- In addition to addressing threats to the integrity of the system, NYU’s plan allows voters to tell if their individual vote was counted.
University Of Maryland, College Park’s Maryland Cybersecurity Center
- Second place and $5,000 was awarded to the University Of Maryland, College Park’s Maryland Cybersecurity Center, which proposed a solution rooted in global public keys that encrypt ballots and provide voter receipts using randomly generated numbers.
- The university’s proposal also features cryptographic tree data structures that allow citizens to check if their vote was counted.
- Winner of $3,000 and third place was Newcastle University, which proposed a solution rooted in three protocols: the Open Vote Network, DRE-i and DRE-ip.
“The competition was very interesting and I was very impressed with the submissions,” said Eugene Kaspersky, Chairman and CEO of Kaspersky Lab.
“There was a lot of good work there! The challenges of cybersecurity mean the next generation of experts face a changing frontier – there will be plenty of things to work on and securing digital voting systems for national elections is just one example.”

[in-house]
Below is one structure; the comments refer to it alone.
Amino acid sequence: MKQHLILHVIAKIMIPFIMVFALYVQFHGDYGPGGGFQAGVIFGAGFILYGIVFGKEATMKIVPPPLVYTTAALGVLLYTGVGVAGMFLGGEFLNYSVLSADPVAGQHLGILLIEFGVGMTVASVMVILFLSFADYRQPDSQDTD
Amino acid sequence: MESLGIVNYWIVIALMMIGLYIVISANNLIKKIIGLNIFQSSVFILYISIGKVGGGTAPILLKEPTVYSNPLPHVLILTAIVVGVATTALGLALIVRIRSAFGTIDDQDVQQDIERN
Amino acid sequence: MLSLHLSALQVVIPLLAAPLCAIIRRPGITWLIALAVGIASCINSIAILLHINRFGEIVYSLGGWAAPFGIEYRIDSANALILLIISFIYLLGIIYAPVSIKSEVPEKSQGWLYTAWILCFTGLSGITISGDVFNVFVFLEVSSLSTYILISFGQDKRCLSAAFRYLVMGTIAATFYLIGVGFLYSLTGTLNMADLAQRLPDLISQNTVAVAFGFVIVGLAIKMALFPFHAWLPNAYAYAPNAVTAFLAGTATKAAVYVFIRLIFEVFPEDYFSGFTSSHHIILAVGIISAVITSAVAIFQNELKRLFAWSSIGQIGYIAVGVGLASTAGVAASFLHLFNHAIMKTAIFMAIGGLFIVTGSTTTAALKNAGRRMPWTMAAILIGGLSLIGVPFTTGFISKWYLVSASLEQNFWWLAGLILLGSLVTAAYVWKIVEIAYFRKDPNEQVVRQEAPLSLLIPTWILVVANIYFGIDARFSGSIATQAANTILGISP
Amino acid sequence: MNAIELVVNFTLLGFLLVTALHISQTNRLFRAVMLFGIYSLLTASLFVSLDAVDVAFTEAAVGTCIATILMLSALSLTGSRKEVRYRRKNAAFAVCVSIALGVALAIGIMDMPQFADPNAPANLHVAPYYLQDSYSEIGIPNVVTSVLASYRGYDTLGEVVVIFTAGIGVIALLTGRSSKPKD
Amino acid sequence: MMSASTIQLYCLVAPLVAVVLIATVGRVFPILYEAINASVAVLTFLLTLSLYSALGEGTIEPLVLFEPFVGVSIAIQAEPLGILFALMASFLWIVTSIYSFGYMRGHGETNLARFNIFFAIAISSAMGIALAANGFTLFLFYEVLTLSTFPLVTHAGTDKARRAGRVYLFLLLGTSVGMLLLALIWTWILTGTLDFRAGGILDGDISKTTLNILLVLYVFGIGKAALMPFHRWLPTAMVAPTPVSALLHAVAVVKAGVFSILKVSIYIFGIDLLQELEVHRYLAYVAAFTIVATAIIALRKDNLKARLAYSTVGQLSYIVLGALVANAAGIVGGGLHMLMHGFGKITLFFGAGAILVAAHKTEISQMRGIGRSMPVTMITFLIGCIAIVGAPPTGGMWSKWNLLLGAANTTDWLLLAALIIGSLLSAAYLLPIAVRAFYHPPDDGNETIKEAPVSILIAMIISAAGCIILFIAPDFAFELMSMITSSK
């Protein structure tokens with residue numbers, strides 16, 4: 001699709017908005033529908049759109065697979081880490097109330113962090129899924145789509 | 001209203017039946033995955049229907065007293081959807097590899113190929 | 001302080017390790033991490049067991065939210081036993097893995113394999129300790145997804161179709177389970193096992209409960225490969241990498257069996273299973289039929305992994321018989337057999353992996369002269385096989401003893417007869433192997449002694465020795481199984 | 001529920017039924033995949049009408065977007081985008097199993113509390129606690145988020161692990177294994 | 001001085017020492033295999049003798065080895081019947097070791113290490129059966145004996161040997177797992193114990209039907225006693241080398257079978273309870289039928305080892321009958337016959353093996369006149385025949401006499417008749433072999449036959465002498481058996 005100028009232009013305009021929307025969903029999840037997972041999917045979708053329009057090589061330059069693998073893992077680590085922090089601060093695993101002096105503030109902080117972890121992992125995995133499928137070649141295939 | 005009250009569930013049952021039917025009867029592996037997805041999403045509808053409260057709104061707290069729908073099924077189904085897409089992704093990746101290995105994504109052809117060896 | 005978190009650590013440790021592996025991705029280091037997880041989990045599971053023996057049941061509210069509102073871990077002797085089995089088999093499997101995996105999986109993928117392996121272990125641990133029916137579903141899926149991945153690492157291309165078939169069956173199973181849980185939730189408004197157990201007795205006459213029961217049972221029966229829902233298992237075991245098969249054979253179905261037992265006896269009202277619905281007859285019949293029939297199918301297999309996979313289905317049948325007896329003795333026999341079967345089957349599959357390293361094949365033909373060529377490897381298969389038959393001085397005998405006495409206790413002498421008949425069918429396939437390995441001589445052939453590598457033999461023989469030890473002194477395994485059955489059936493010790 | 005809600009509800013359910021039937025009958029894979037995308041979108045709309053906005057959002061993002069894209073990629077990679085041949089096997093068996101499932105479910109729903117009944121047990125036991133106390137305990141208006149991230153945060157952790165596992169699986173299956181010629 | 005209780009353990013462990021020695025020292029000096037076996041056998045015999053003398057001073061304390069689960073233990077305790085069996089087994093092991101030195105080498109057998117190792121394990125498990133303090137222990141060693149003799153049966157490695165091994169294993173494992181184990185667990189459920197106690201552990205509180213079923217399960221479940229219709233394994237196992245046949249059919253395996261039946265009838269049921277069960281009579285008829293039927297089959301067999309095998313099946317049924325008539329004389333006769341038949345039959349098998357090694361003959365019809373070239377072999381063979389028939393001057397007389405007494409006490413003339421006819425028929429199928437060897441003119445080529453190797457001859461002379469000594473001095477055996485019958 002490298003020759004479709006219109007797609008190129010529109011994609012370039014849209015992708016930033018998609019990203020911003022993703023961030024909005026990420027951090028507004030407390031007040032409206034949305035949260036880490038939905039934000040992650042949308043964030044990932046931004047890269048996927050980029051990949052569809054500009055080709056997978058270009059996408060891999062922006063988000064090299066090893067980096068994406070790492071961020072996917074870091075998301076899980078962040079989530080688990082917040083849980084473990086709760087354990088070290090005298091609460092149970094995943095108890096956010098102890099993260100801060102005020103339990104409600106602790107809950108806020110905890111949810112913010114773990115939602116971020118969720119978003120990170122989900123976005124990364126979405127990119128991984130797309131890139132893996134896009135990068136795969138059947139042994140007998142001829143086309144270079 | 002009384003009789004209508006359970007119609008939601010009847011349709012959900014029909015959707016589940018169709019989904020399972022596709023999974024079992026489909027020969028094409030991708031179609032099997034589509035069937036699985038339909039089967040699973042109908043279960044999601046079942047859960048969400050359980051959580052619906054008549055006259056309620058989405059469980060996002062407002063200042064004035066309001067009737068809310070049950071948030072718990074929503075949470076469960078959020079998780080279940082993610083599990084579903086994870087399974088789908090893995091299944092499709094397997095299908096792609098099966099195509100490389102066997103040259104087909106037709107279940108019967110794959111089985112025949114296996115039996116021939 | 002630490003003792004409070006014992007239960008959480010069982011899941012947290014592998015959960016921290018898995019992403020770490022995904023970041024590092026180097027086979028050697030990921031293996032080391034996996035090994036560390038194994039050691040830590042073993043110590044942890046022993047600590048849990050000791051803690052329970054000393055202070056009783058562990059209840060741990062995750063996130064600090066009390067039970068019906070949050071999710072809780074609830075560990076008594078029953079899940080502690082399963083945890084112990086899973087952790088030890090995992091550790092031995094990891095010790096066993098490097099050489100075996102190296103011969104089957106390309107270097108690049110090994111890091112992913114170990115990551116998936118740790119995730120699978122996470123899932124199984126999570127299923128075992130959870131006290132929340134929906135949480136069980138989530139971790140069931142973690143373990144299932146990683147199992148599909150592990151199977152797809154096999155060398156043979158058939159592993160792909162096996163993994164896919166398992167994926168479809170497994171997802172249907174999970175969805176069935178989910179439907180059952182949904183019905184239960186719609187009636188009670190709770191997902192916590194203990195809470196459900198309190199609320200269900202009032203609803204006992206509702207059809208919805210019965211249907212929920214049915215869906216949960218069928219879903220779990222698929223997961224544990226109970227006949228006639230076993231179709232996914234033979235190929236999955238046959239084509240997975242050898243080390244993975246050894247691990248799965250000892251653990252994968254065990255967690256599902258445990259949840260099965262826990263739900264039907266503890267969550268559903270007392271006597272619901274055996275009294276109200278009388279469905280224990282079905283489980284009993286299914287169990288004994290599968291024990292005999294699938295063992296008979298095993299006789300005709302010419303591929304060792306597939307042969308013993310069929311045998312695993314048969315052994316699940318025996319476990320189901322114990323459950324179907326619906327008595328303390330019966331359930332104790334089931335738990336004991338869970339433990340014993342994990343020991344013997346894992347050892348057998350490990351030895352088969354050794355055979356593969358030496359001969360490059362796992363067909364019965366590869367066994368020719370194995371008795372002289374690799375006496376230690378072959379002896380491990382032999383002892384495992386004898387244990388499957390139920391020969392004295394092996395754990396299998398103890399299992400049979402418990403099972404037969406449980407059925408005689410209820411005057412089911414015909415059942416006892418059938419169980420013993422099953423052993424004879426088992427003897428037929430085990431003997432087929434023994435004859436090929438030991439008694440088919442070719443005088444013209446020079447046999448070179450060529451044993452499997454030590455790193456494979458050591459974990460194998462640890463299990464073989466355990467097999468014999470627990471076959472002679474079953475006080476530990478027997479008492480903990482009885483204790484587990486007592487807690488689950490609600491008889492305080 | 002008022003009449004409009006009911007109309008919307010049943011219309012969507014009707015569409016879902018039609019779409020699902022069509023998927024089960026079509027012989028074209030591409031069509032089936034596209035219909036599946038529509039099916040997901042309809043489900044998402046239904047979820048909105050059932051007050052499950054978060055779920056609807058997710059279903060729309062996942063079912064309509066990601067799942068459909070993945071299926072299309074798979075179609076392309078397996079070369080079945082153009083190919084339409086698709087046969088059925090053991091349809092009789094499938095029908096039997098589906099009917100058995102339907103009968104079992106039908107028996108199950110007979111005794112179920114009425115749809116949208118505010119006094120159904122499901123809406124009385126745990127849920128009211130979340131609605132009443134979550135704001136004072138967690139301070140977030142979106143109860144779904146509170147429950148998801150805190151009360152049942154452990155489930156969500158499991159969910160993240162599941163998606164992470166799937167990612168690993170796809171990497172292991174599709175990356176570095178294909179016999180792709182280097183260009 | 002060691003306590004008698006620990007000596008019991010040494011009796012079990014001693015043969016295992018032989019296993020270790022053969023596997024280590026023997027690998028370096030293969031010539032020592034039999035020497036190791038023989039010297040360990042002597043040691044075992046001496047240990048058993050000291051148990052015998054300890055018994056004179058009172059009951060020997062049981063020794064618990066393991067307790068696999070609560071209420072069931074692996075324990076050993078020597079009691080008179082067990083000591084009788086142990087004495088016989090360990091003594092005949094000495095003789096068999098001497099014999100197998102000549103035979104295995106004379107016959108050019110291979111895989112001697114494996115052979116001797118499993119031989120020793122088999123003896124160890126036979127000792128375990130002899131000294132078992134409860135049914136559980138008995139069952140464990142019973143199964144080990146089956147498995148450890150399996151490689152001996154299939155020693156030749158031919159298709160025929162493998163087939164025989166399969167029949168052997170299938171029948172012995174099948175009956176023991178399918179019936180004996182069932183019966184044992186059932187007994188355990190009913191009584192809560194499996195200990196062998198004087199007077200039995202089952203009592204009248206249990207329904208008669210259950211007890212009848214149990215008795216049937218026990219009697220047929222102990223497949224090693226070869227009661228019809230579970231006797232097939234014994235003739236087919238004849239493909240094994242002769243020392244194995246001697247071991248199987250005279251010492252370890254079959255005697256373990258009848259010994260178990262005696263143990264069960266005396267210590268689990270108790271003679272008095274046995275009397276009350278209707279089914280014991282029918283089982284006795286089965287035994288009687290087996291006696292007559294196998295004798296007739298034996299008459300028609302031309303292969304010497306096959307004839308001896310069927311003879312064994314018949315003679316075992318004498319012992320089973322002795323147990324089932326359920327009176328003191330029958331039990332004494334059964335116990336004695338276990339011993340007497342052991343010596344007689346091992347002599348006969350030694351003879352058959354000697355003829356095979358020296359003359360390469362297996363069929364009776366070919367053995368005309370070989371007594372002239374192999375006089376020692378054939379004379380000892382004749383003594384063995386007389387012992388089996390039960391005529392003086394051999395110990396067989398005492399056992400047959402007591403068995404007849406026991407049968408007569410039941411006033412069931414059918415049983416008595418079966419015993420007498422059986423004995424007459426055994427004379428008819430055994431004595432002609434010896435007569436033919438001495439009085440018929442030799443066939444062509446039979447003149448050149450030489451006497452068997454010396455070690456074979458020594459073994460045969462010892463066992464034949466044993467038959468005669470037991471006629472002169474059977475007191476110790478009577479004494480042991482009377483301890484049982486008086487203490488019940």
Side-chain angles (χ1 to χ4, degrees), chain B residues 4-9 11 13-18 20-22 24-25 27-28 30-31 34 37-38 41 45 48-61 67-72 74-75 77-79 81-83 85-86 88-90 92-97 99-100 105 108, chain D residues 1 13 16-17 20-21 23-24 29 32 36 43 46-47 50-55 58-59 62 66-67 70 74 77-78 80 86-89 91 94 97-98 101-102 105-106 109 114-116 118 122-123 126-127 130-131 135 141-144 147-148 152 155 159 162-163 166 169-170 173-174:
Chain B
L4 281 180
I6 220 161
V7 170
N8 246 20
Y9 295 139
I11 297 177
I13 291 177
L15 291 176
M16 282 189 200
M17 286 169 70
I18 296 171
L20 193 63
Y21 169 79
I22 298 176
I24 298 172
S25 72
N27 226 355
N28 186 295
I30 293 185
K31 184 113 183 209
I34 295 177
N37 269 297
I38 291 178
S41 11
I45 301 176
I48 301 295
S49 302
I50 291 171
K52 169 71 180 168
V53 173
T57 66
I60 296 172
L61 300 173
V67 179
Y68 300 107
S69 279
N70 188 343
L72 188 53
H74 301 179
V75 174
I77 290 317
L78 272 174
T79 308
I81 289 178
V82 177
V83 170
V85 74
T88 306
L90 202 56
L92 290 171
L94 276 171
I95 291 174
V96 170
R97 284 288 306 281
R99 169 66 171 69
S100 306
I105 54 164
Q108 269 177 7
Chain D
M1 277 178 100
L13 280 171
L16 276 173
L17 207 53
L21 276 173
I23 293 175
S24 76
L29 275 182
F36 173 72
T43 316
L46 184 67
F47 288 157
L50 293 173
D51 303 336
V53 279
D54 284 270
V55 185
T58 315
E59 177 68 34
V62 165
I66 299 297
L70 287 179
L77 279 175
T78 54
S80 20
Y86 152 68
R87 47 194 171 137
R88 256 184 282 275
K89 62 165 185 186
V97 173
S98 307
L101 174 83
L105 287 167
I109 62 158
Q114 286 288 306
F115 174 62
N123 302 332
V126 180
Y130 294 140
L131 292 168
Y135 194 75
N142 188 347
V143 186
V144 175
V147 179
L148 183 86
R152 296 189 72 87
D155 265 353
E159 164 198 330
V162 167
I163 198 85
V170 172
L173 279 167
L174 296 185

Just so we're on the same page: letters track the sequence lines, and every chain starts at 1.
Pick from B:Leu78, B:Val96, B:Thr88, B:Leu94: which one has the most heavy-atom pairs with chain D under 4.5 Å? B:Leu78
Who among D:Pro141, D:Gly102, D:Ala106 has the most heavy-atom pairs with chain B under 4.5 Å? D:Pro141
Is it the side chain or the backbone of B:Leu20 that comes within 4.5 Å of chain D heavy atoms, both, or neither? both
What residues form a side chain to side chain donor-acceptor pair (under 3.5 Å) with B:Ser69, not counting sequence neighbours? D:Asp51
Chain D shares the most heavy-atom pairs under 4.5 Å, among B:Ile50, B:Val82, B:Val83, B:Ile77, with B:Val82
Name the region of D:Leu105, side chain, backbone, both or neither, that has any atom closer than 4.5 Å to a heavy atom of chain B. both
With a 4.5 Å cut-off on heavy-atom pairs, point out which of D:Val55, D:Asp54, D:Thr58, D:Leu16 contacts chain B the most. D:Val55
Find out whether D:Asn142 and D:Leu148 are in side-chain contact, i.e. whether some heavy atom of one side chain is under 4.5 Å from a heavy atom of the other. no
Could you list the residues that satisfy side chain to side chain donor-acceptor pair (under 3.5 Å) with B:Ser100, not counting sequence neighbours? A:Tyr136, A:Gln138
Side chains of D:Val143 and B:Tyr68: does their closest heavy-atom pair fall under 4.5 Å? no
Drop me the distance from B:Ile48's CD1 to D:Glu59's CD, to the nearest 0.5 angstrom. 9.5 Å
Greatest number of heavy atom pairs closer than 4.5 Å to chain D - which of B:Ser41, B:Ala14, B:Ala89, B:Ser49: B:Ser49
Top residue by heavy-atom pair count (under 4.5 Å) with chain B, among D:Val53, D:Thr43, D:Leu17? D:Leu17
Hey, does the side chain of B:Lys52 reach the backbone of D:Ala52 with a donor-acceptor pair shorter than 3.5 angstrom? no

“If cybercriminals exploited one small vulnerability, it could potentially change the course of a nation’s history, and these young scholars are bringing us one step closer to making secure digital voting a reality.”
To access the award-winning submissions from the Kaspersky Lab Cybersecurity Case Study Competition, please visit The Economist’s Which MBA? site.
Kaspersky Lab’s deep threat intelligence and security expertise is constantly transforming into security solutions and services to protect businesses, critical infrastructure, governments and consumers around the globe.
The company’s comprehensive security portfolio includes leading endpoint protection and a number of specialized security solutions and services to fight sophisticated and evolving digital threats.
Over 400 million users are protected by Kaspersky Lab technologies and we help 270,000 corporate clients protect what matters most to them.